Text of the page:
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that the unavoidable conclusion is, that either our Saviour instructed them to use this form of words, or else he did not answer the design of their request to him.
But the safest way to avoid being misled by any critical disputes upon the meaning of original words, is to receive the injunction in both the senses, as before advised; viz. to make it the rule or pattern as to the matter and manner of all our prayers, and to use it as a form in hopour of our Lord; for, as it was formed by our glorious Advocate, who knew both his Father's infinite sufficieney, and our essential wants, we may be assured it contains every thing fit for us to ask of God his Father to bestow. And for which reason the wisdom of our church has justly appoined it to be added to all her holy forms and offices, to make up their defects, and to recommend them to our heavenly Father; who, if he cannot deny us when we apply to him properly in his Son's name, will much less do so, when we address him in his words likewise.
Further, from becoming reverence to the divine Author of this Prayer, and a full sense of its efficacy, the Church directs that the congregation shall always join the minister in an audible voice, whenever this Prayer is said, partly for this good reason, that people ignorantly brought up may the sooner learn it, and be supplied with words of unexceptionable expres
sion to recommend them to the favour of the Almighty, and partly to signify how boldly all Christians may approach the Father, when they address him in his Son's words.
And there is an humble and valuable design even in the frequent repetition of this Prayer (to which many, from a spirit of vain refinement and busy innovation, are too ready to except); since by such practice, at judicious distances in the service, this manifest advantage is afforded us, that if, through natural infirmity, we have not put up our petitions in it with sufficient warmth and spiritual devotion before, we may make some amends by renewing our petitions with redoubled earnestness.
In discoursing on the introductory words of this Prayer, I have judged it no unsuitable opportunity to give you a short history and defence of set forms in general, as supported by the practice of Christ and his Apostles, the testimony of Scripture, and the usage of the earliest Christian times.
Another matchless character of this holy Prayer is, that as, by its shortness, it is easily retained in memory, so, by the purity and plainness of its expressions, the affections and understanding may more easily keep pace with its petitions, and thus render the use of it of singular benefit to the unlearned. Though (as a pious Prelate of our church observes on this
very subject) it is a great unhappiness where people cannot read, yet God forbid that should ever hinder them from praying; so, in the constant application of this single Prayer, a considerable remedy is at hand for this muchto-be-lamented neglect of education. Whoever (says the same pious divine) has sense to know that he is a sinner, and that he wants God's help, is bound to pray as well as he can; and, by this gracious provision of his Saviour, he is supplied at once with such a form of prayer, as cannot fail to answer every purpose for which he possibly can have occasion to address his Maker. Of this I hope to be able most fully to convince you, in the following explanation of each particular petition. If these portions of the Prayer are offered up with humility and sincerity, God, who knoweth the heart, and what is best for us, much better than we do ourselves, will most assuredly hear and grant any prayer and supplication presented in the name and for the sake of Jesus Christ. If, therefore, all ranks of people would conform to the pious practice of most seriously employing this Prayer, both morning and evening, as well in public with their families, as in private for themselves, there is every reason to believe, upon the principle of evangelical admonition and assurance, that they would escape a variety of accidents, and obtain more blessings than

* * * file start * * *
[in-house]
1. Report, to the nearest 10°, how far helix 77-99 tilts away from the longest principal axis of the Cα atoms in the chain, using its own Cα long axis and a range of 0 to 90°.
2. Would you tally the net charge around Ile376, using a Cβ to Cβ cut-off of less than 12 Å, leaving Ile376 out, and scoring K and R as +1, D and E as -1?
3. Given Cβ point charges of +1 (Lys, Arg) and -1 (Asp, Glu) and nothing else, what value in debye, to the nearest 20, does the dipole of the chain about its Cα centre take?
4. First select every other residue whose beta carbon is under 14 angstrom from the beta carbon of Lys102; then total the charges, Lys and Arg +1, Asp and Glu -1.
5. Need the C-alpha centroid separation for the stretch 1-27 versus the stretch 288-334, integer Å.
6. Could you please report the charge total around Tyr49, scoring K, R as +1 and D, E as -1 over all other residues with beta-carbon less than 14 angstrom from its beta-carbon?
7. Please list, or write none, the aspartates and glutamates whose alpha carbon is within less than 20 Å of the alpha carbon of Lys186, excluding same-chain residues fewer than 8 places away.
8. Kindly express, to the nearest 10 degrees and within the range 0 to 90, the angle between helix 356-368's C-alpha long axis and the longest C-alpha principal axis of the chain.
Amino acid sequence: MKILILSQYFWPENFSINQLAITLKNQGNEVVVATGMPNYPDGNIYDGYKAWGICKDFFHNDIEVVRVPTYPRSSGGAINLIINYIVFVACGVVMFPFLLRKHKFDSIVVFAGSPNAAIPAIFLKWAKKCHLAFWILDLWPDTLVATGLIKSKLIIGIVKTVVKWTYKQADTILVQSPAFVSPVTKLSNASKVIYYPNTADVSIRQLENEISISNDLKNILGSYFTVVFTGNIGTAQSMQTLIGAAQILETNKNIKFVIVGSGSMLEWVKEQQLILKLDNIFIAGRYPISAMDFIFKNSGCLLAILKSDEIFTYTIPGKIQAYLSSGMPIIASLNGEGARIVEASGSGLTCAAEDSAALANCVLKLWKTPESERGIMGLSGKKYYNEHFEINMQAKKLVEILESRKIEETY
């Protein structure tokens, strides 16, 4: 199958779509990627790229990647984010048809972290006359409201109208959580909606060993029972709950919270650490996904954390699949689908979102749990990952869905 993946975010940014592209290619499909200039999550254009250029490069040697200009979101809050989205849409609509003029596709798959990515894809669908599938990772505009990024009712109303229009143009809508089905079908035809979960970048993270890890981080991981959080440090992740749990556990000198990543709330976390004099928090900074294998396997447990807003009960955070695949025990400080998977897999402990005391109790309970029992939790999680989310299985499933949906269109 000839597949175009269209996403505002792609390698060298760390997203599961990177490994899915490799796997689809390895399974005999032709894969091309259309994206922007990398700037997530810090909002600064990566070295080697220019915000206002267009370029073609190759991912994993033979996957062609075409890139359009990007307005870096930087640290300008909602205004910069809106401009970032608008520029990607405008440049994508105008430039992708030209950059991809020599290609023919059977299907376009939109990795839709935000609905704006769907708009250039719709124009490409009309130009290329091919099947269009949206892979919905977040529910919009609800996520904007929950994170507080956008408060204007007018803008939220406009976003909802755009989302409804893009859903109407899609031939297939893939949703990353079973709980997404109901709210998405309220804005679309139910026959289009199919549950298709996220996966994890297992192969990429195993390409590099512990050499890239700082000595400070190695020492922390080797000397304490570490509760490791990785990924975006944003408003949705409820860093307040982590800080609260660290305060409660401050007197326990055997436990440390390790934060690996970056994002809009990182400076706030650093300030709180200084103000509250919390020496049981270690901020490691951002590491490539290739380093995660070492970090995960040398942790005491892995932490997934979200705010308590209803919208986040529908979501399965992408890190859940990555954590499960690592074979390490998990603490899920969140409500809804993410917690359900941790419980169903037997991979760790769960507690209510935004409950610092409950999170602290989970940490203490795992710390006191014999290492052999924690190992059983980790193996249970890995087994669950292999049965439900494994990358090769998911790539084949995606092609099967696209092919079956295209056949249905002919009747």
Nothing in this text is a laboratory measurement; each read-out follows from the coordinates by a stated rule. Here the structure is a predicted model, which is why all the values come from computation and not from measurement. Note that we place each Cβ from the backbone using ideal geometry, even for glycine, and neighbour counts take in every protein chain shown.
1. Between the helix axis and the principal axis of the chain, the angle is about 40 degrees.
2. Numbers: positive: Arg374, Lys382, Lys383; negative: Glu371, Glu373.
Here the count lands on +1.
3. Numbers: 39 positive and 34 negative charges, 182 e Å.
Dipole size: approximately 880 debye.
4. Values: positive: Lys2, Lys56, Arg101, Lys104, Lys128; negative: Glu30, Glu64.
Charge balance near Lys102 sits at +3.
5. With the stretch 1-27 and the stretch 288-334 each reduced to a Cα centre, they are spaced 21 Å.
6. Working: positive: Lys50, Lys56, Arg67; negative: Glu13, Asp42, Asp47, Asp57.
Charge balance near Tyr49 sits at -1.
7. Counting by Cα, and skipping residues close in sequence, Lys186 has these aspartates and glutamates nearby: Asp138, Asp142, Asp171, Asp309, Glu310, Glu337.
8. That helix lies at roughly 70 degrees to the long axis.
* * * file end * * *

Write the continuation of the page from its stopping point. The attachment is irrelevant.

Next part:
they meet with in their journey through this vale of sorrow and uncertainty; it being doubtless owing to neglect of prayer to God, and a becoming dependence on his favour and protection, that we see such an increase of wickedness and misfortune among all orders of people. And that we may all become thoroughly sensible of the great benefit and blessing of having such an inestimable legacy left us, as this heavenly Prayer holds out, and that we may never fail to use it according to the gracious purpose of the divine Testator, let us now unite to glorify God's holy name for this great and undeserved privilege of laying our wants before him, in a form so highly qualified by the wisdom of his Holy Spirit, and the tender love of his dear Son, our Lord; in whose blessed name, as we begun this feeble effort of magnifying his goodness to us, so by his grace we will conclude it, in those very words, which, out of compassion to our infirmities, he hath taught and commanded us at all times, when we call upon him, to employ, and say, Our Father, &c.